The Indian Parliament is a budget approval system. The Second Administrative Reforms Commission (SARC) in its 14th report titled ‘Strengthening Financial Management Systems (2009)’ has identified certain major weaknesses in the current budgetary system and implementation process. These are unrealistic Budget estimates, delay in implementation of projects, skewed expenditure pattern, inadequate adherence to the multi-year perspective and missing ‘line of sight’ between plan and Budget, no correlation between expenditure and actual implementation, mis-stating of financial position, ad hoc project announcements, emphasis on compliance with the rules and procedures over outcomes and irrational plan and non-plan distinction. Expecting a robust Budget out of such a weak system negates the empirical reality of budgeting and its underlying mechanisms and processes.
These problems are visible in most of the Westminster model of Parliaments, including India. To address the weaknesses in the budgeting process, the Commission has recommended broader budgetary reforms as identified by The Organisation for Economic Co-operation and Development (OECD). They are medium-term budget frameworks, prudent economic assumptions, top-down budgeting techniques; relaxing central input controls, focus on results, budget transparency and modern financial management practices. The Commission has recommended the strengthening of parliamentary control and oversight through parliamentary committees and departmentally related standing committees.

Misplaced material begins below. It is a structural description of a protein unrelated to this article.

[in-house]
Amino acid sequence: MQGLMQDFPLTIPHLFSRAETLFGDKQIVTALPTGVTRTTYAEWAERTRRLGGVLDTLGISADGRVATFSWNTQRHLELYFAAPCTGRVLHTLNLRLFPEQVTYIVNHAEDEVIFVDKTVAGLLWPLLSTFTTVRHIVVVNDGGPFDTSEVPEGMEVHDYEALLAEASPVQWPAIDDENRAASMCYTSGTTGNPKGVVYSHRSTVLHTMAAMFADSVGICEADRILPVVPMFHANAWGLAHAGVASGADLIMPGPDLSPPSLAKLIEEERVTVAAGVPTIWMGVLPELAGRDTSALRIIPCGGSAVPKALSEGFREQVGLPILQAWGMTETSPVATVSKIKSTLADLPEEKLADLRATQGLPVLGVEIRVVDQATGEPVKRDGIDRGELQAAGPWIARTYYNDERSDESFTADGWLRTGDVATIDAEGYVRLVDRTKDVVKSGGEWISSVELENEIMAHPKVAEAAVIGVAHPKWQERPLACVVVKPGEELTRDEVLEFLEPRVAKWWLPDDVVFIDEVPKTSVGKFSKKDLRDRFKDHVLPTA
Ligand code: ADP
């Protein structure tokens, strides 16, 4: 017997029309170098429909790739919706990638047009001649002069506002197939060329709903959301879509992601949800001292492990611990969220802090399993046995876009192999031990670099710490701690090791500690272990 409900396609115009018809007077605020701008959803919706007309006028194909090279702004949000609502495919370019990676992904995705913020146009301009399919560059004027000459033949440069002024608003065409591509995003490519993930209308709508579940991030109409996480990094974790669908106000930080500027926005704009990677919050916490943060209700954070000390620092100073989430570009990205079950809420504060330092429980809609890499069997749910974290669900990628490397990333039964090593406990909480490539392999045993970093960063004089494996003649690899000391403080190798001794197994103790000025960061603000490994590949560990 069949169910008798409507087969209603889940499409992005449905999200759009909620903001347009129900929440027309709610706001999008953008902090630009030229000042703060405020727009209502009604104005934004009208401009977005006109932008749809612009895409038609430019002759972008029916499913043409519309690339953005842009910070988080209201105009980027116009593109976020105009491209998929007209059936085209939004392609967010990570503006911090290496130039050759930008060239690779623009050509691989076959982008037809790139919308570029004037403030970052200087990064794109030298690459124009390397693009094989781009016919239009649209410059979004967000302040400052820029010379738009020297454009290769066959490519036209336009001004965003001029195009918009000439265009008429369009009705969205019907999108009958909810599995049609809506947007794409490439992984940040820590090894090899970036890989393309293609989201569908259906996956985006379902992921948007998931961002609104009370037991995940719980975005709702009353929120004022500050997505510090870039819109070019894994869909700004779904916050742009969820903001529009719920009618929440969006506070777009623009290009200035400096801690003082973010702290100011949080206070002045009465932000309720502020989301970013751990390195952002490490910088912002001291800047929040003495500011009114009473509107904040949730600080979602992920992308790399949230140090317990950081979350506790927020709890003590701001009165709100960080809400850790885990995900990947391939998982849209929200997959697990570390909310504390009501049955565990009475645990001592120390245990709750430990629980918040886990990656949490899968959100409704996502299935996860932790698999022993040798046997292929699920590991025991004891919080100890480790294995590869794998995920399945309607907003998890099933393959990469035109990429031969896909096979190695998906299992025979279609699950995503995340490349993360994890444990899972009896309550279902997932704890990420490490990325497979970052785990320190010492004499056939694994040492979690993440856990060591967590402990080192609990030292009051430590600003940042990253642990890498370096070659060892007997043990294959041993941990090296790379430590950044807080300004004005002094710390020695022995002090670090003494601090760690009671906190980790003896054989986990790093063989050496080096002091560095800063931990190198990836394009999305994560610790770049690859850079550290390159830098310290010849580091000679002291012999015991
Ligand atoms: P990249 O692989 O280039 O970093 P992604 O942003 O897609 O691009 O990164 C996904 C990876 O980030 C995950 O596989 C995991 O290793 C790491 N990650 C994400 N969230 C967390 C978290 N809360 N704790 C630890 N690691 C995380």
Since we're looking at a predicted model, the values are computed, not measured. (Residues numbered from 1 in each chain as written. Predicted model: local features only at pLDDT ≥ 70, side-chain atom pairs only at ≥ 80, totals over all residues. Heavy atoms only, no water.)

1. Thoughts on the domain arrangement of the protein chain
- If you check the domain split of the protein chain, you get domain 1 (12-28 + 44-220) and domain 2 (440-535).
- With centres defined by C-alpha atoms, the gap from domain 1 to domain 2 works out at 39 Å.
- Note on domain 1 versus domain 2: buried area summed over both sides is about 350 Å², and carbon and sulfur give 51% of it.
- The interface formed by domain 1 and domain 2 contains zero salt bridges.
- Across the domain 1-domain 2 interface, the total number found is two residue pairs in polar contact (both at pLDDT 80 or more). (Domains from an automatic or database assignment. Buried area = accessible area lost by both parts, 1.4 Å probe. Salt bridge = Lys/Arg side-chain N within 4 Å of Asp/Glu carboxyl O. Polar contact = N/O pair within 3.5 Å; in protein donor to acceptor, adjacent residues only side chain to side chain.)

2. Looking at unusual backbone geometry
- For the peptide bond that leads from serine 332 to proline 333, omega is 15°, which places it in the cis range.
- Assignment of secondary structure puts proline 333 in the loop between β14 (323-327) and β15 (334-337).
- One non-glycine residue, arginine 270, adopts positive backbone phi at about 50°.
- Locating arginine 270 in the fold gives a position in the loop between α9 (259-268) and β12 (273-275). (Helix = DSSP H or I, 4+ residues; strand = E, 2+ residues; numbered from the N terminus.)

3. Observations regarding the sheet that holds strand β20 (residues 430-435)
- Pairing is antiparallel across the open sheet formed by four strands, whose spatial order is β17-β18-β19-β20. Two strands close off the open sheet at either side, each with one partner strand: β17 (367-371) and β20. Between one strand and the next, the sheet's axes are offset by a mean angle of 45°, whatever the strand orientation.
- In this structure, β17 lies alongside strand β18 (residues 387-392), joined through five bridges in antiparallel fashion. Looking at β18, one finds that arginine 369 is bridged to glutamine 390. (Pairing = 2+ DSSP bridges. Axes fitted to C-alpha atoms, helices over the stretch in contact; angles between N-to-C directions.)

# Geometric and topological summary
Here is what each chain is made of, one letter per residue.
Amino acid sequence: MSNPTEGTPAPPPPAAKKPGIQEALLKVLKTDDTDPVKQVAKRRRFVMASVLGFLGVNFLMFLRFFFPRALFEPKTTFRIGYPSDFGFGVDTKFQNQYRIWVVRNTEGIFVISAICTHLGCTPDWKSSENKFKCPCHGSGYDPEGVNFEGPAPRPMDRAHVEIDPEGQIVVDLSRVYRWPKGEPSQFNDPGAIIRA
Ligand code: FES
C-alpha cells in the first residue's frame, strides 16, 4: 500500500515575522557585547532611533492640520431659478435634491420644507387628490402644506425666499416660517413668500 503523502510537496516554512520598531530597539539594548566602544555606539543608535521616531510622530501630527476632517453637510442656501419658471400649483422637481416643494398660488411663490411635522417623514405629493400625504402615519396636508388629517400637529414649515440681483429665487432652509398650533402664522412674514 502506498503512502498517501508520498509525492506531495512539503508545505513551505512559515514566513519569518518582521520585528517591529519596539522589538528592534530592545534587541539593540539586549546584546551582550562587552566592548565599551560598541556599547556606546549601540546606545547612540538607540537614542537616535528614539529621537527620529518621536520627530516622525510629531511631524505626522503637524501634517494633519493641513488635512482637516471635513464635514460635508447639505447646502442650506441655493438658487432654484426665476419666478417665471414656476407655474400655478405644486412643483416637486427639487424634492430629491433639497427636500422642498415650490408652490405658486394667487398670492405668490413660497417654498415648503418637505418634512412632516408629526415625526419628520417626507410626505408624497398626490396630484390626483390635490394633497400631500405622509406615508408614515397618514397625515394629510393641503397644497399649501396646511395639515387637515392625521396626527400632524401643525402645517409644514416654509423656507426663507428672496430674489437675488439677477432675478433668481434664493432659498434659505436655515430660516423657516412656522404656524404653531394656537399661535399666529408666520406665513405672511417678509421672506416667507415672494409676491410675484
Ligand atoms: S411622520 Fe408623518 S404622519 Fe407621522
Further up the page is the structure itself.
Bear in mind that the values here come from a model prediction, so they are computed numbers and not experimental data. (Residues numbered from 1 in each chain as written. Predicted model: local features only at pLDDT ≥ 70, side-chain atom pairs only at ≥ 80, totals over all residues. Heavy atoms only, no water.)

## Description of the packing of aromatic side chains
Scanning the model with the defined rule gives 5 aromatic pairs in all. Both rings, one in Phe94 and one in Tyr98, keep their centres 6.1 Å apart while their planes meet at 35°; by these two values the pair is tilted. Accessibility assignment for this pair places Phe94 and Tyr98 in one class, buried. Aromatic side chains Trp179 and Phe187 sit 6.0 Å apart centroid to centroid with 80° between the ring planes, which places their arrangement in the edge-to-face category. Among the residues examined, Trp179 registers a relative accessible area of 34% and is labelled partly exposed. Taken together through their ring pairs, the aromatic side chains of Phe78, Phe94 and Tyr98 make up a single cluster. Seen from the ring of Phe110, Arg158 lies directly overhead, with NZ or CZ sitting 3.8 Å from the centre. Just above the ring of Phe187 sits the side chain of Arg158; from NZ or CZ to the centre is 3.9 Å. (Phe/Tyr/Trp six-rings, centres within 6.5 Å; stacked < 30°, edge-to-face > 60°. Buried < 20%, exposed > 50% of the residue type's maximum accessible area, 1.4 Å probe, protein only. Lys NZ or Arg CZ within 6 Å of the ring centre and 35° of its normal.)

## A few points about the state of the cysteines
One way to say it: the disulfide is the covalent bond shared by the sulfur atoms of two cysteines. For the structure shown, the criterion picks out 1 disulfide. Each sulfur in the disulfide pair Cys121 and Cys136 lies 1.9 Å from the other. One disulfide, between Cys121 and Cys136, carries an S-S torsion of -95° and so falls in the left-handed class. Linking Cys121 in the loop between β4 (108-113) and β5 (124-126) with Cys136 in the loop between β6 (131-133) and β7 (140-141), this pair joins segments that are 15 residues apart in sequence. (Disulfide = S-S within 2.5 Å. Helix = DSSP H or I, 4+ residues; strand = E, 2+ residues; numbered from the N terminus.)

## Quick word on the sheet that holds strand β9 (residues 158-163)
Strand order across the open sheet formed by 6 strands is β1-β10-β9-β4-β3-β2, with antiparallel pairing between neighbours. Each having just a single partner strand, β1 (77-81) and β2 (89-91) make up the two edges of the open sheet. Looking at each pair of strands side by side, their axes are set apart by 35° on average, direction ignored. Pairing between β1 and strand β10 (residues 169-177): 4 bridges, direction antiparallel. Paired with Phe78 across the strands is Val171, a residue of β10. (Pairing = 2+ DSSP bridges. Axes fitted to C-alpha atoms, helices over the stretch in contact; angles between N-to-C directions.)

Of late, many Westminster type of Parliaments had brought reforms in the budgeting exercise by various measures and initiatives. One such initiative is the establishment of Parliamentary Budget Office (PBO), which provides an independent and objective analysis of the fiscal estimations made by the departmental heads and the Budget prepared to parliament and parliamentary committees. The PBO system is functioning in the United States, Canada, Australia, Austria, South Korea, Italy and Mexico. Afghanistan, South Africa, Ghana, Thailand, Uganda and Nigeria have separate independent budgetary units.